Work-life Balance - Whilst it is becoming more difficult to negotiate burgeoning workloads and variable working hours it is important that we attempt to manage the balance between the different aspects of our lives. Prioritising the “right” things, ensuring we “clock off”, leaving our work for work hours, and engaging in regular “mindset cleanses” (e.g., identifying what we need to more/less of and what we need to start/stop doing) would help to manage the balance.
Be Active - Physical activity will have a positive impact on psychological and emotional states. It is therefore important that individuals prioritise physical activity in and outside of work. For example: break productivity with an activity, change sit-down meeting for standing/walking meetings, and create more opportunities for physical activity in daily life.
Keep Learning - Learning can help to develop our sense of fulfilment and self-esteem. It also focuses the mind on positive tasks that are associated with personal growth. We should set ourselves weekly, small development goals that can be linked to any part of our lives.
Reframe Success and Failure - When we’re successful we quite often overlook the process that allowed us to be successful. Additionally, when we fail, we see it as a negative experience that potentially dents our self-esteem and perceptions of competence. We need to see both successes and failures as opportunities for development – making sense of how we can maintain or improve what we do to lead to more successful future outcomes.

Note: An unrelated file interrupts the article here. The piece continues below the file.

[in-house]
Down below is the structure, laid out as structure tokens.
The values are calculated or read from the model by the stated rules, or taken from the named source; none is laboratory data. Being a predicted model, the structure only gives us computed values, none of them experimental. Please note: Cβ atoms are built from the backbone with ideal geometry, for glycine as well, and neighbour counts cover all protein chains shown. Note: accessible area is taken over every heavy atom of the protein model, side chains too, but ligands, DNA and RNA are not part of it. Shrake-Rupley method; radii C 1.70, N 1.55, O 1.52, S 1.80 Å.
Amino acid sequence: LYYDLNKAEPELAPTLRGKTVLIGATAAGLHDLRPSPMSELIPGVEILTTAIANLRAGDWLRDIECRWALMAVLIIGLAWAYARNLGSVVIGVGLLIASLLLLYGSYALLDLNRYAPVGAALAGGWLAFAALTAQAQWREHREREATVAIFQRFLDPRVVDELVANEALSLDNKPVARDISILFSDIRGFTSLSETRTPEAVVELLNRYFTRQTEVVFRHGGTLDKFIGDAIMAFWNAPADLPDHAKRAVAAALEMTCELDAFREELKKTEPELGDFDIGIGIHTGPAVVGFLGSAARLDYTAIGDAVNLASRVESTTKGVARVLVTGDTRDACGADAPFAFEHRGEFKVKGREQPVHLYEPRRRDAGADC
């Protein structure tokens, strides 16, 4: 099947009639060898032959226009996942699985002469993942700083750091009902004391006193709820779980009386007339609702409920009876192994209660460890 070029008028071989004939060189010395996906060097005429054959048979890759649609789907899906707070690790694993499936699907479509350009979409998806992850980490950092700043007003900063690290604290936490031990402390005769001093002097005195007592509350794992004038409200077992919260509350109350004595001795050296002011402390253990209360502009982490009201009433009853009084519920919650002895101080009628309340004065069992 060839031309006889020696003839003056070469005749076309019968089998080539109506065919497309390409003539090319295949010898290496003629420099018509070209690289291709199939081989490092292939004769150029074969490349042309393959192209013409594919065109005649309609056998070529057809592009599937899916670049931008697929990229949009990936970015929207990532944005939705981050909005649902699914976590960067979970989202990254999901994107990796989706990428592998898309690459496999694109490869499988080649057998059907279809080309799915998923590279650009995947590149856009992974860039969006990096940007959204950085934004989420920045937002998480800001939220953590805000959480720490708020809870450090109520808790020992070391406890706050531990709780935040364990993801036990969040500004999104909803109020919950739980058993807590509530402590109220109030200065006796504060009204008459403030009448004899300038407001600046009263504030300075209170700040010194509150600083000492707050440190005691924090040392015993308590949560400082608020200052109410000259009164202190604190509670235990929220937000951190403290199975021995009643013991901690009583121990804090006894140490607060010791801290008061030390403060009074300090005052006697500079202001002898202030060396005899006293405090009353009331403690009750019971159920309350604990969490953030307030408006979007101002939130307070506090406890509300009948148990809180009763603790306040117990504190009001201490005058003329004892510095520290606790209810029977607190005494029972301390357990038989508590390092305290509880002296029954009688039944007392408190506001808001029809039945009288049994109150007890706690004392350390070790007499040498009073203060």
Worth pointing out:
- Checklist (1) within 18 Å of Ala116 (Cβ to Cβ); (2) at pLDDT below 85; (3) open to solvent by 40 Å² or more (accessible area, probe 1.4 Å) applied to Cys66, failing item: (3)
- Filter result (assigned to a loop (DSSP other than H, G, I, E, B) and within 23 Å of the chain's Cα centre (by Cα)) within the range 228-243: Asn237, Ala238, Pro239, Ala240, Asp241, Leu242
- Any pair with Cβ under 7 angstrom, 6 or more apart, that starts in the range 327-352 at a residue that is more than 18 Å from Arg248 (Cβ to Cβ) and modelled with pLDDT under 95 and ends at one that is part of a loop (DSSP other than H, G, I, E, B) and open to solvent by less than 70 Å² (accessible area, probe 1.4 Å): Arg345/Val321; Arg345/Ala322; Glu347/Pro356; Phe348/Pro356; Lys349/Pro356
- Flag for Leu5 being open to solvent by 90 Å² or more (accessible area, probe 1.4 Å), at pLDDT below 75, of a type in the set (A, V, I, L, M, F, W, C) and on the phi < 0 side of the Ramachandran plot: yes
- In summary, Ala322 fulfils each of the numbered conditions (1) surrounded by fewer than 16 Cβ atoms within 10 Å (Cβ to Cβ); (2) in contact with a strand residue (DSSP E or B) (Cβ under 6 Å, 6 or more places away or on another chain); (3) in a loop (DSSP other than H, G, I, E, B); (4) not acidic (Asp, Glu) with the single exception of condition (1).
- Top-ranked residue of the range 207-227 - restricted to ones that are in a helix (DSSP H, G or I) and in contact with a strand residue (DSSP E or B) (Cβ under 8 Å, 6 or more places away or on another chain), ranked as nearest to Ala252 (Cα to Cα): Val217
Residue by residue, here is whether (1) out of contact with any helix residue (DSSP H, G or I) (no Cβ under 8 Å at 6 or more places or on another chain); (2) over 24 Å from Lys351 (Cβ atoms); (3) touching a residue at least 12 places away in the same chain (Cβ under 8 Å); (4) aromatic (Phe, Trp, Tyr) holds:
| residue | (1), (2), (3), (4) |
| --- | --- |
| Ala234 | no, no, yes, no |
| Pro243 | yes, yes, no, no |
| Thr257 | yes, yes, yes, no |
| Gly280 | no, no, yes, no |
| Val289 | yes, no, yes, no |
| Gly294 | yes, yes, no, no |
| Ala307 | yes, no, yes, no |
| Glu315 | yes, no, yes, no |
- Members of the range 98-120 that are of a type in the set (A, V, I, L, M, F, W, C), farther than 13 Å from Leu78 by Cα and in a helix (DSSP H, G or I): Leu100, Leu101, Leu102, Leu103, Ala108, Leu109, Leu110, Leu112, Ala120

Talk to the Right People - Communicating with others and sharing ideas and problems is an important part of the process of managing demands and developing a sense of relatedness required to improve our well-being. Be clear about who you can trust and open up to and discuss the different areas of your life with.
Be Around the Right People - It is important to surround yourself with “good” people – those with whom you can empathise and communicate freely with. Try to develop networks with people who will challenge you, make you happy, and be able to offer support.
Set Targets and Monitor Progress - Goal setting has long been identified as a potent approach to developing motivation and directing behaviours. However, people often get bogged down with ensuring their goals are SMART and overlook the need to develop an appropriate plan to understand how the goal will be achieved. Goals afford us a level of control over our developmental journey but we have to ensure that we are interested in, motivated to achieve, and clear about the necessary actions required for goal achievement